In a previous post, I showcased the work that Doug Graber Neufeld undertook to record his lectures for an online earth sciences course last summer. I mentioned that fact that Doug planned to reuse the videos to flip the on-campus version of the same course this spring.
Well, the spring semester at EMU is starting to wind to a close and I recently reconnected with Doug to get a sense for how that flipping experiment went and how the recorded lectures factored into the process.
(For the perplexed, the “flipped classroom” entails moving didactic content outside the classroom – usually to some digital online medium – thus opening up classroom time for other more engaged activities.)
First, from a pedagogical and student expectations perspective, Doug mentioned that the mid-semester feedback from his flipping of the classroom was somewhat mixed. Some students reported wanting to hear lectures in class rather than online. Doug and I conjectured that this may be due to the fact that students in undergraduate courses are likely conditioned to being passive recipients of information in 50-minute class sessions, while the flipped classroom demands much more work on the students’ part. It’s harder to come unprepared, which raises the stakes for the student. Other students reported enjoying the lecture material online and the more engaged classroom experience.
Being a hard sciences guy, Doug did some experimentation and statistical analysis with this experiment as well, giving it a quantitative dimension. For the on-campus course and for each chapter of the textbook, the students had a few options. They could:
- Download/review the PowerPoint for the chapter; and/or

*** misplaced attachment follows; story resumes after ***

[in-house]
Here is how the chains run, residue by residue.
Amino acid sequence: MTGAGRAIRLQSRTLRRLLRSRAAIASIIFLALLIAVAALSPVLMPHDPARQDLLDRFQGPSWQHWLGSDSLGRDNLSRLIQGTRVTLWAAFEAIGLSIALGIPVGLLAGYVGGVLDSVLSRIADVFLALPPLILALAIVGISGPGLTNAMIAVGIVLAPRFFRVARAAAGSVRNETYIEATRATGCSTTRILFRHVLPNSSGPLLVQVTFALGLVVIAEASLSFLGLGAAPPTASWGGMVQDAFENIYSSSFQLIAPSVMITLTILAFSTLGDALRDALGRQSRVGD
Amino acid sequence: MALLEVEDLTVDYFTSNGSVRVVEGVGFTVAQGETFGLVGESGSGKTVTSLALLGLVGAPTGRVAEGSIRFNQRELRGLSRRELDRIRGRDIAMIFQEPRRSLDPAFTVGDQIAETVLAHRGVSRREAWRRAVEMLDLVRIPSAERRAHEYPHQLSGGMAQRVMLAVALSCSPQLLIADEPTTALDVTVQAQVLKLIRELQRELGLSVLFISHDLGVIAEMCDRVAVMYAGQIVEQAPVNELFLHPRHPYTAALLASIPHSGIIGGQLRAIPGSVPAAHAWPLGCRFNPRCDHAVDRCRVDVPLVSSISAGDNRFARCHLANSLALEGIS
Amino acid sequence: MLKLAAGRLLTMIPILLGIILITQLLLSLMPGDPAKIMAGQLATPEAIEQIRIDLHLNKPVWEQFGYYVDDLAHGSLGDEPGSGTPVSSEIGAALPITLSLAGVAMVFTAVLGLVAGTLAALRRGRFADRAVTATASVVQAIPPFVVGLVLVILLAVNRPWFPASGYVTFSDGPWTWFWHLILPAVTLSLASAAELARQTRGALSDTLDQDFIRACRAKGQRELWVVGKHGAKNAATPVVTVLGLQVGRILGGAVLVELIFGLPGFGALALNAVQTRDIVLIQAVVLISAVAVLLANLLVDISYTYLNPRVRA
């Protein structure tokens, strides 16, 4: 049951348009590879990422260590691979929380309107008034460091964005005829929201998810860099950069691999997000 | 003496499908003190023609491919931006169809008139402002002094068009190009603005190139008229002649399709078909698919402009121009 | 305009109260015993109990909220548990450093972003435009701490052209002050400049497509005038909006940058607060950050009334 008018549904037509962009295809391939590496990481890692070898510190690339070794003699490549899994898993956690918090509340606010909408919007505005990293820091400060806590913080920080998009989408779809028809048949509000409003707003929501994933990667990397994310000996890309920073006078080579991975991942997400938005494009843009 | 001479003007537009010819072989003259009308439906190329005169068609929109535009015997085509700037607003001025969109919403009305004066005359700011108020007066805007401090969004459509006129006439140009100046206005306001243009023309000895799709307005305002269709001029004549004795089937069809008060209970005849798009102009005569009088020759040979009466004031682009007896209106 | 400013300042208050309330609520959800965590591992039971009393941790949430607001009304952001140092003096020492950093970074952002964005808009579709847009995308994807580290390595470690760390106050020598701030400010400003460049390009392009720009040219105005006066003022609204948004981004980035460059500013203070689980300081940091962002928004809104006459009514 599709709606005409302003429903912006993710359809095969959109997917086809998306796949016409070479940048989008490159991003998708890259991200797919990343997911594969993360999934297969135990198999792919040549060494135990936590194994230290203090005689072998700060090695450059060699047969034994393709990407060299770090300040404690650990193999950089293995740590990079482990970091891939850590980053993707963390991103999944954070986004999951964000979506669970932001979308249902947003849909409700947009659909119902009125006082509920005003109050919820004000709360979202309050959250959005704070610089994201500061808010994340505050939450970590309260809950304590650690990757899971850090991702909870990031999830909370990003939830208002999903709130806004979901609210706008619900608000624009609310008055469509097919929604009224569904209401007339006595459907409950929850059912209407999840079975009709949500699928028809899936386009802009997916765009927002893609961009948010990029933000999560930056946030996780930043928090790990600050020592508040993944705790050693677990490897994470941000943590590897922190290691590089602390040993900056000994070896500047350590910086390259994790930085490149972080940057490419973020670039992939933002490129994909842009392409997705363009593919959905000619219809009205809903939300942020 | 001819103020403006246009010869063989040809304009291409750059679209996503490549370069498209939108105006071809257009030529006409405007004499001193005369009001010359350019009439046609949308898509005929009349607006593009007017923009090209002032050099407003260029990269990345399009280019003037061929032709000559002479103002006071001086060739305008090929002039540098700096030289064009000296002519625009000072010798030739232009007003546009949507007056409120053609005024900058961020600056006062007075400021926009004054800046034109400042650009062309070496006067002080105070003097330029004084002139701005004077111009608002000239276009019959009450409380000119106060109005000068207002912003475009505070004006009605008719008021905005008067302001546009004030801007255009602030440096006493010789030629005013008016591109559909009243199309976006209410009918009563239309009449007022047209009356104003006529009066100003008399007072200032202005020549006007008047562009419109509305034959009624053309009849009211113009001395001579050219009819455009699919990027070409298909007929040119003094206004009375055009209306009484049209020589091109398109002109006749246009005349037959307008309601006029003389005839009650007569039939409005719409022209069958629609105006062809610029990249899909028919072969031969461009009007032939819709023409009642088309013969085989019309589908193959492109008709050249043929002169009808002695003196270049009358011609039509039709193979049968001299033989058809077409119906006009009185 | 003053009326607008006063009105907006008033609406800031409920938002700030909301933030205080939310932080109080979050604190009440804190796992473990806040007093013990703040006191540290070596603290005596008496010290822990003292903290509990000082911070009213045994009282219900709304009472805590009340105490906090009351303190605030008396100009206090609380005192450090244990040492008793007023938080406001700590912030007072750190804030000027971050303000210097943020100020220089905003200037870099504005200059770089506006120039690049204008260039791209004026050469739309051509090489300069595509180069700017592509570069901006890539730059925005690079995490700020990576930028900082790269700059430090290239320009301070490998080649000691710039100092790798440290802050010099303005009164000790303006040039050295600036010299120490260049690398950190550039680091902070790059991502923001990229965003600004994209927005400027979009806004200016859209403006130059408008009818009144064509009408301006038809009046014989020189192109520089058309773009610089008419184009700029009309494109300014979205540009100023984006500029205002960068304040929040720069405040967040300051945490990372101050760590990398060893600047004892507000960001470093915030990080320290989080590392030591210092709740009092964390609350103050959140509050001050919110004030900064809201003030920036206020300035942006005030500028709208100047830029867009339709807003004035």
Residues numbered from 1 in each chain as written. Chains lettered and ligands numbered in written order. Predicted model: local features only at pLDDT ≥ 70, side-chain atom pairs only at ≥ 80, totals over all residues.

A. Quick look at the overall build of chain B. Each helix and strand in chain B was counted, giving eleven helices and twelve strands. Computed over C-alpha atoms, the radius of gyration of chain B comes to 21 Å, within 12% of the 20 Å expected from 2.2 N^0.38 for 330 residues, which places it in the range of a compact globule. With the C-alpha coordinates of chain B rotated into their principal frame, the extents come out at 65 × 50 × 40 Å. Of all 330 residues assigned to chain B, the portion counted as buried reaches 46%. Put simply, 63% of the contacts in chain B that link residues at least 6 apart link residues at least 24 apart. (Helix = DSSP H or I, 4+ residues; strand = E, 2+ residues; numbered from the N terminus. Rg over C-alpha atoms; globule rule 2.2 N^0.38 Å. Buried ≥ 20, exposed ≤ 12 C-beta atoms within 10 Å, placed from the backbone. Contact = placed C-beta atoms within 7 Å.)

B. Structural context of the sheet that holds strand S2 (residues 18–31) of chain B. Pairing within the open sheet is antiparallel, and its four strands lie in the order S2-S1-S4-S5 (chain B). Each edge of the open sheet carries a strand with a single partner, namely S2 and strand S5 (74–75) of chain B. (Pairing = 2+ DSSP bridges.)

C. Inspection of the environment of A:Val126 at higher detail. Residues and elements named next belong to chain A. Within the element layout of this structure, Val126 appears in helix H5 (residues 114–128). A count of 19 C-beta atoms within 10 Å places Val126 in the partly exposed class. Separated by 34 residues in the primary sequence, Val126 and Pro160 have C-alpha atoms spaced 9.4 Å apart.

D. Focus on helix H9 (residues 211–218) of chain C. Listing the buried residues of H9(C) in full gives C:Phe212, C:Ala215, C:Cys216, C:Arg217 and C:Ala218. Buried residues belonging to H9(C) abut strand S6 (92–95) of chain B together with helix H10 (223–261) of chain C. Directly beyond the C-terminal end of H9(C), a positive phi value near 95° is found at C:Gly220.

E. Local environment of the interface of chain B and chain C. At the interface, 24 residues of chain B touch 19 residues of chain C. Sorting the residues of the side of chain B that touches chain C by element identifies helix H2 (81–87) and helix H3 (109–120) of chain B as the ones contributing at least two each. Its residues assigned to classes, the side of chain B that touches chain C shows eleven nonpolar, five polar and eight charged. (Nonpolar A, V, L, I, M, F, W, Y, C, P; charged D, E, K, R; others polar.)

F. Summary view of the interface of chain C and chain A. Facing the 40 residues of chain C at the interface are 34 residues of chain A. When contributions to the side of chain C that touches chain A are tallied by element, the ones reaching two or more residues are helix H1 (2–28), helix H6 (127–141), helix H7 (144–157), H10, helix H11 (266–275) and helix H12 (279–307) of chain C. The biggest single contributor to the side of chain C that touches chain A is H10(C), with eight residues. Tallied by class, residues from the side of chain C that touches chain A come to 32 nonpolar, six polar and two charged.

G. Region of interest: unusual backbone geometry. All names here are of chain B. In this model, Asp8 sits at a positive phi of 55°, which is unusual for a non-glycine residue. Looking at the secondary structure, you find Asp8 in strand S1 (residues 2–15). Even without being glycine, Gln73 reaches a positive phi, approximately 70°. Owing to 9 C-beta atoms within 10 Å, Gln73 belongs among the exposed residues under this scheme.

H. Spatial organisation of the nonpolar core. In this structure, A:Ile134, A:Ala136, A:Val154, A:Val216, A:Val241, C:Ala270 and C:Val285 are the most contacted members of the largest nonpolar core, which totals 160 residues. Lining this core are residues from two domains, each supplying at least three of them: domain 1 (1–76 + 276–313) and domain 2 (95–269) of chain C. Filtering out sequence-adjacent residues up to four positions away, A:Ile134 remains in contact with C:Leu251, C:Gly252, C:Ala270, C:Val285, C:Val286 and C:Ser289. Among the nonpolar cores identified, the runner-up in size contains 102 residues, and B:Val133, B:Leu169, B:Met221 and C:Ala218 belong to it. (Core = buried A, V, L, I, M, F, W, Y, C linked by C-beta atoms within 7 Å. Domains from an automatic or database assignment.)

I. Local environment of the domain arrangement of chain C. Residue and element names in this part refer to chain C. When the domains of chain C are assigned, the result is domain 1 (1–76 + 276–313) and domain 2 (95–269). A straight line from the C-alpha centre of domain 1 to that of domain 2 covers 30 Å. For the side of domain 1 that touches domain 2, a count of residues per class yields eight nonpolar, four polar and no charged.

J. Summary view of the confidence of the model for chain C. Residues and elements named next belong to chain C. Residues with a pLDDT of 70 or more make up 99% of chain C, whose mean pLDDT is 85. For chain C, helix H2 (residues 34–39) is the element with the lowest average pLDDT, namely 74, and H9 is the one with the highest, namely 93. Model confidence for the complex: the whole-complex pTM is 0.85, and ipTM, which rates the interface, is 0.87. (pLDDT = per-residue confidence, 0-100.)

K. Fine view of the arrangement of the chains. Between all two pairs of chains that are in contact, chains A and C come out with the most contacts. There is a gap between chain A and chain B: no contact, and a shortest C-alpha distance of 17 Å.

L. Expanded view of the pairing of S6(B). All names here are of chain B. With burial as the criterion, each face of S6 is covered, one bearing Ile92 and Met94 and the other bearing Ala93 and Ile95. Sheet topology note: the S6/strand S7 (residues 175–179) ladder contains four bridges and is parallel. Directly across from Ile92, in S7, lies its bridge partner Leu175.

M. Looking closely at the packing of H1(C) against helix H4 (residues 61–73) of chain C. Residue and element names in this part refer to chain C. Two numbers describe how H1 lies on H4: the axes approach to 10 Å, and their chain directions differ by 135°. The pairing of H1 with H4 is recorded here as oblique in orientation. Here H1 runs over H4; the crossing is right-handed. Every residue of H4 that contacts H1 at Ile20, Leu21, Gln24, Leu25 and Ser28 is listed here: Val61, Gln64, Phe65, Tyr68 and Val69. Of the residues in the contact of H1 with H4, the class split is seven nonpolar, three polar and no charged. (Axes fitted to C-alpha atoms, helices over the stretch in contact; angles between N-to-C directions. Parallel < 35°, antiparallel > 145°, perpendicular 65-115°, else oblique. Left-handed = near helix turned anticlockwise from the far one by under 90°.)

- Watch the lecture video
With each chapter came an in-class quiz. Using Moodle, Doug was able to check if there was any correlation between students’ accessing the online resources and their quiz scores. The results indicate that there was indeed a positive correlation between accessing the videos, even over accessing just the PowerPoint, and quiz scores. As Doug reminded me “accessing (the videos) doesn’t mean they used it” and that “correlation doesn’t mean causation.”
Even with those provisos, Doug feels the labor undertaken to produce the lecture videos was worth it for both his online and on-campus earth sciences course.
Upon reflection, one thing that Doug would change is the length of the videos. Some were as long as an hour, which is exceptionally long when it comes to online video. Doug would split content into smaller conceptual chunks and produce smaller videos. Doing so would not only make it easier for students to watch videos online, but it would raise the reusability factor of individual videos, perhaps even making some usable in other courses.
Many thanks to Doug for his pioneering work here and his willingness to reflect critically (even statistically!) on the experience and share this all with me. Now let’s get some more EMU faculty trying this out!